Is your head doe bossing you around?


In my little goat herd, Rosie is head doe. Goat herds are not exclusive clubs. Nearby chickens are included. People are too. As far as the goats are concerned, I’m a member of the herd, and that’s usually really nice. We’ve cleared brush together companionably, and they miss me if I’m not the one to look in on them.

However.

The head doe does boss her followers around. Gigi’s felt Rose’s horns more than once. Unfortunately, so have I. Not often, but it happened again a couple of days ago. Here’s what I’ve done to clarify our relationship.

Grabbing the goat by the horns

The horns that make Rose’s bossiness a problem are also a great way to get a handle on her. Literally. Rose is stronger than I am, but those horns give me an advantage. The first time I had to use them was a few years ago. She was a couple of years old and felt it was time to take me in hand. I couldn’t quite control her by holding her horns and didn’t dare let go. She was seriously trying to take me down, as she would an impertinent goat in her herd. I’m not as tough as a goat, and she probably could have hurt me far more than she intended to.

We danced around for several minutes before I thought, “Hmm. Goats do not like to lay on their side. If I switch this hand… to the rear leg… and pull…”

It worked like a charm. She went down hard and I had complete control. More important, I had her complete attention. I lectured her on appropriate behavior toward humans. I don’t know whether she understood any of the words, but she definitely got the message. I avoided her the next day (I was pretty pissed) and that had her really worried. We’ve not had many issues since then.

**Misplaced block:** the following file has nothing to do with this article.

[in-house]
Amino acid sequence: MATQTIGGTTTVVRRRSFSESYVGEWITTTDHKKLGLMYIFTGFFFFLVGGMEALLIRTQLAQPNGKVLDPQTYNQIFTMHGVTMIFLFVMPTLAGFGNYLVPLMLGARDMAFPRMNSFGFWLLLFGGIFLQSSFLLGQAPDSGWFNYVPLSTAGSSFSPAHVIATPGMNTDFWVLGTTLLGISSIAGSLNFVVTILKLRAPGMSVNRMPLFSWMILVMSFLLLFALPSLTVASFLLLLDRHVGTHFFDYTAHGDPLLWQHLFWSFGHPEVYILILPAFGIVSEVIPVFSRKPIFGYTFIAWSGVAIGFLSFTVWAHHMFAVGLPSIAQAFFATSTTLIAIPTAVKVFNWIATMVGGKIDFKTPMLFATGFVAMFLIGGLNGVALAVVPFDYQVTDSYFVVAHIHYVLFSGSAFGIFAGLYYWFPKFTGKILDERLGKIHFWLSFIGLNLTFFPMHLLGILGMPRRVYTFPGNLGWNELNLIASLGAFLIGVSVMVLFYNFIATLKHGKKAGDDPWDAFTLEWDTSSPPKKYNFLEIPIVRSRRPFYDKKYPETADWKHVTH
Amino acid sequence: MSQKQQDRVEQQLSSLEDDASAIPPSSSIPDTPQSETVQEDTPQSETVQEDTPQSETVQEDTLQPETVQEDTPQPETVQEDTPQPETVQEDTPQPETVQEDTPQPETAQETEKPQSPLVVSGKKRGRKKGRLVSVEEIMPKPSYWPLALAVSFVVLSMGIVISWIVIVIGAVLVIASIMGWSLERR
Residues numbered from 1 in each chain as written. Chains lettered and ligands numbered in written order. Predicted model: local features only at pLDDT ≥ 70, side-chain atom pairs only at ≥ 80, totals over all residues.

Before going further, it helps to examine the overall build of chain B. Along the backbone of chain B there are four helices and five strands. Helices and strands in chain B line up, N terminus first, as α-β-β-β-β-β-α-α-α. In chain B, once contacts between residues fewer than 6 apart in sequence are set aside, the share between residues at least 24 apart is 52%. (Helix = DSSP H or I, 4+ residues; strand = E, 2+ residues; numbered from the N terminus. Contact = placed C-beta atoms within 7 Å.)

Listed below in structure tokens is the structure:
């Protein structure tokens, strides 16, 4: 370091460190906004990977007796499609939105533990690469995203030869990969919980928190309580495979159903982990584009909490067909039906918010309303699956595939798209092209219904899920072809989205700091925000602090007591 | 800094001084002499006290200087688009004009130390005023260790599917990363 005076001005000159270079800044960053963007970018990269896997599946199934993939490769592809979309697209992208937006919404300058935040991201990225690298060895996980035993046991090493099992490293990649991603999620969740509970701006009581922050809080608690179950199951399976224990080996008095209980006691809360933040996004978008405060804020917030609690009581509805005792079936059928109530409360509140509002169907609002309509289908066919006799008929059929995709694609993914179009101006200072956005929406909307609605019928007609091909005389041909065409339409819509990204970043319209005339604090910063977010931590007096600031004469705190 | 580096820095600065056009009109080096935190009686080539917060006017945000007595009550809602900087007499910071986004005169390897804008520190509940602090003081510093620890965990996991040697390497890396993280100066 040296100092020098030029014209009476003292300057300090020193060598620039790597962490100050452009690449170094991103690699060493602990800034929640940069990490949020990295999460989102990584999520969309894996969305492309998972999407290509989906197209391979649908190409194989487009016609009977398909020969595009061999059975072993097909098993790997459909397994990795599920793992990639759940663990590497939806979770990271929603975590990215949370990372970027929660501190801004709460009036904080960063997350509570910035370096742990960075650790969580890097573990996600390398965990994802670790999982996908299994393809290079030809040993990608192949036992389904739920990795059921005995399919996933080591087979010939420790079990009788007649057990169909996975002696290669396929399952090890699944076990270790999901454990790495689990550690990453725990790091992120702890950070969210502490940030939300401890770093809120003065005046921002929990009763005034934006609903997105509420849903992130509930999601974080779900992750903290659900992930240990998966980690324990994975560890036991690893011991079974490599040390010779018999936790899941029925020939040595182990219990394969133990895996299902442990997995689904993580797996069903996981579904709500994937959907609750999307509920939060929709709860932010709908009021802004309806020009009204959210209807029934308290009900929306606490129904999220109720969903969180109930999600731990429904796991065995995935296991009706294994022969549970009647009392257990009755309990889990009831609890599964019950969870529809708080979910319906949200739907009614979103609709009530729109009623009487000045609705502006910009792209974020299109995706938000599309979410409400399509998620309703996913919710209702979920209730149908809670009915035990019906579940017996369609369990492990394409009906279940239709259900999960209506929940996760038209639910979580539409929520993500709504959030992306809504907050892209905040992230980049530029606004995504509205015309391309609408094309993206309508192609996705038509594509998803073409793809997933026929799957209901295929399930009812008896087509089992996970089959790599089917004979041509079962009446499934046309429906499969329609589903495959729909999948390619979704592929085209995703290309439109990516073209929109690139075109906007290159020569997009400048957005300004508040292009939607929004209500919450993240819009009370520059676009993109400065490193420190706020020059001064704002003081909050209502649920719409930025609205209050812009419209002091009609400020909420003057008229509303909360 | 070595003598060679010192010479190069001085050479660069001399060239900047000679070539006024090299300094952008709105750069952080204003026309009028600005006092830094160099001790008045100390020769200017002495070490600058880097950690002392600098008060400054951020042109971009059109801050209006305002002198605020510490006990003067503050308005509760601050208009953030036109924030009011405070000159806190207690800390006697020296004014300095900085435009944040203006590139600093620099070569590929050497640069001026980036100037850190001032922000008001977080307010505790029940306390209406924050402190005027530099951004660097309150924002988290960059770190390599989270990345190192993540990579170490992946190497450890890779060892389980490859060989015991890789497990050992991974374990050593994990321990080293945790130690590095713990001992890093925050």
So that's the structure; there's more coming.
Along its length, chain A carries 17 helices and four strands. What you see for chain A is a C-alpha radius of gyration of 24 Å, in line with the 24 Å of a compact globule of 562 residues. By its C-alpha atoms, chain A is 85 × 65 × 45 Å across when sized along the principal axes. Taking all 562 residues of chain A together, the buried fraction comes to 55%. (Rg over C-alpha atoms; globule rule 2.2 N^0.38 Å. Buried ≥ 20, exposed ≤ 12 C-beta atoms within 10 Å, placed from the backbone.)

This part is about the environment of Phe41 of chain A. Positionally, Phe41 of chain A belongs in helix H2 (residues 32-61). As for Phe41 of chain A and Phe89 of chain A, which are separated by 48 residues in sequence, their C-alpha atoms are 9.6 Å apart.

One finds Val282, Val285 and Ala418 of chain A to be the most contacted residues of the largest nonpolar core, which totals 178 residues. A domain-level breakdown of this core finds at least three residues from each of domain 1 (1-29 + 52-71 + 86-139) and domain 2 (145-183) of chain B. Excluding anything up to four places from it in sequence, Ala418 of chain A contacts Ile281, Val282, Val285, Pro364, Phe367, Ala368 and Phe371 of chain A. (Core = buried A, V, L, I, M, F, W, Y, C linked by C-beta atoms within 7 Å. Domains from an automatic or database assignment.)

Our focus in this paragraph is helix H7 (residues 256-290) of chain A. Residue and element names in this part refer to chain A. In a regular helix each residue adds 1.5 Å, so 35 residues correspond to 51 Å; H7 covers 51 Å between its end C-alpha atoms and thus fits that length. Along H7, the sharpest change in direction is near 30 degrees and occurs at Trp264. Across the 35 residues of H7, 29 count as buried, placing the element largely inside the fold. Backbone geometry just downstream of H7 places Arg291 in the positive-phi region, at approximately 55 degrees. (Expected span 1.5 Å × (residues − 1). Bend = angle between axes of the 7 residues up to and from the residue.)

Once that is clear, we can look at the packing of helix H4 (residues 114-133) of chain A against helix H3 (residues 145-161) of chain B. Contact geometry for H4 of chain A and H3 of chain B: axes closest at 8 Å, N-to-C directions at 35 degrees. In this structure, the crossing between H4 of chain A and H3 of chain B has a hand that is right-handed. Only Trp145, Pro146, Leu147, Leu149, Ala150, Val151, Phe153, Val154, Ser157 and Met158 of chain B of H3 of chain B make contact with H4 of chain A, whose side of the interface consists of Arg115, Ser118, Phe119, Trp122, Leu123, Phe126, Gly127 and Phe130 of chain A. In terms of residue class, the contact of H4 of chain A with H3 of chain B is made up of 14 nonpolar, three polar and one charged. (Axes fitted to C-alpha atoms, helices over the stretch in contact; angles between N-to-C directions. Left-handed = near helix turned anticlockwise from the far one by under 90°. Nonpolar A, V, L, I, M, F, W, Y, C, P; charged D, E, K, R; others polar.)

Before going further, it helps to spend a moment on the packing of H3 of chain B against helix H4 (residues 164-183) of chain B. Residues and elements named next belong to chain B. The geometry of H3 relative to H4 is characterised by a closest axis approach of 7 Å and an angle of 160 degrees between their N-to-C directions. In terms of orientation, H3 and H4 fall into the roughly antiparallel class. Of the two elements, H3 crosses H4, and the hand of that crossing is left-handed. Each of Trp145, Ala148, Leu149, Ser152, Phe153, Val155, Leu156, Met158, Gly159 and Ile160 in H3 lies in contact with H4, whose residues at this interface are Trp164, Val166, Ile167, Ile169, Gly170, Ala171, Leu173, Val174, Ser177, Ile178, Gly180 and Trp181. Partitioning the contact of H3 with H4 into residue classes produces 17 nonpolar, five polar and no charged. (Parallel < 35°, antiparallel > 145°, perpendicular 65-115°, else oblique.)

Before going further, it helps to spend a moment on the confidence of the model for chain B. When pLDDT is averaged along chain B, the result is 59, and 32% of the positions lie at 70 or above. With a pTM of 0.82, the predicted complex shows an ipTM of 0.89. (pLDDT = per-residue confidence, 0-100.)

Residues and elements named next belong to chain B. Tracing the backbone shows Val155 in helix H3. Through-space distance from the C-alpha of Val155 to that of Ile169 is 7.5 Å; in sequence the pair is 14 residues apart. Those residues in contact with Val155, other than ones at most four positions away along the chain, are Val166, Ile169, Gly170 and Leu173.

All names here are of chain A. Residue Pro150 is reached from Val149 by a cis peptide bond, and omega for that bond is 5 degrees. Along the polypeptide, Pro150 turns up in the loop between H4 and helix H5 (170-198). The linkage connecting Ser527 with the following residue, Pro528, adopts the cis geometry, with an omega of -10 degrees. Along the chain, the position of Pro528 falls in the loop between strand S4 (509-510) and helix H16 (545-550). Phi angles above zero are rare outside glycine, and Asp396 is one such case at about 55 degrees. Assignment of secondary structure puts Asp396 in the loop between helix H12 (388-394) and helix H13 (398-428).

Last week I had the girls out on a lead. Rose wanted to move to a new location, but I was still working with the lead (which Gigi, as usual, had wrapped around the stub of a shrub). Rose hooked her horns into my thighs (ouch), threw me off balance, and made her escape — all of three yards, to a bit of blackberry vine she’d been eyeing.

When I caught up with her, I grabbed her horns and twisted her head to one side, as if to lay her down, and gave her a synopsis of the earlier lecture. For the next two days she sidled up to me at every opportunity, nuzzling me, giving me her best doe-eyes, and essentially saying, “We’re good, right?”

Life is back to normal in the herd. We’re a close-knit group where Rose is head doe. But I’m the boss.

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2 comments on “Is your head doe bossing you around?

  1. Our cat Mabel was diagnosed with hierarchical disorder because she was herding (and biting) us. The vet told us to dump her off or laps or shove her firmly out of the way at the slightest sign for herding. It worked! And Mabel seems much happier. As the vet pointed out “Don’t feel guilty. The cat doesn’t feel guilty.”

    • Sharon Kay says:

      Interesting that the vet called it a disorder. I doubt Mabel thought of it that way.

      I’ve not felt guilty wrestling Rosie — that’s pure survival on my part. But one of the chickens has been grabbing my sleeve, pecking at my socks, and generally being a nuisance. She’s docile if I pick her up and carry her around, so I feel guilty shoving back when she pecks. But for sure the chicken doesn’t feel guilty! Chickens are too innately hierarchical to ever have hierarchical disorder.

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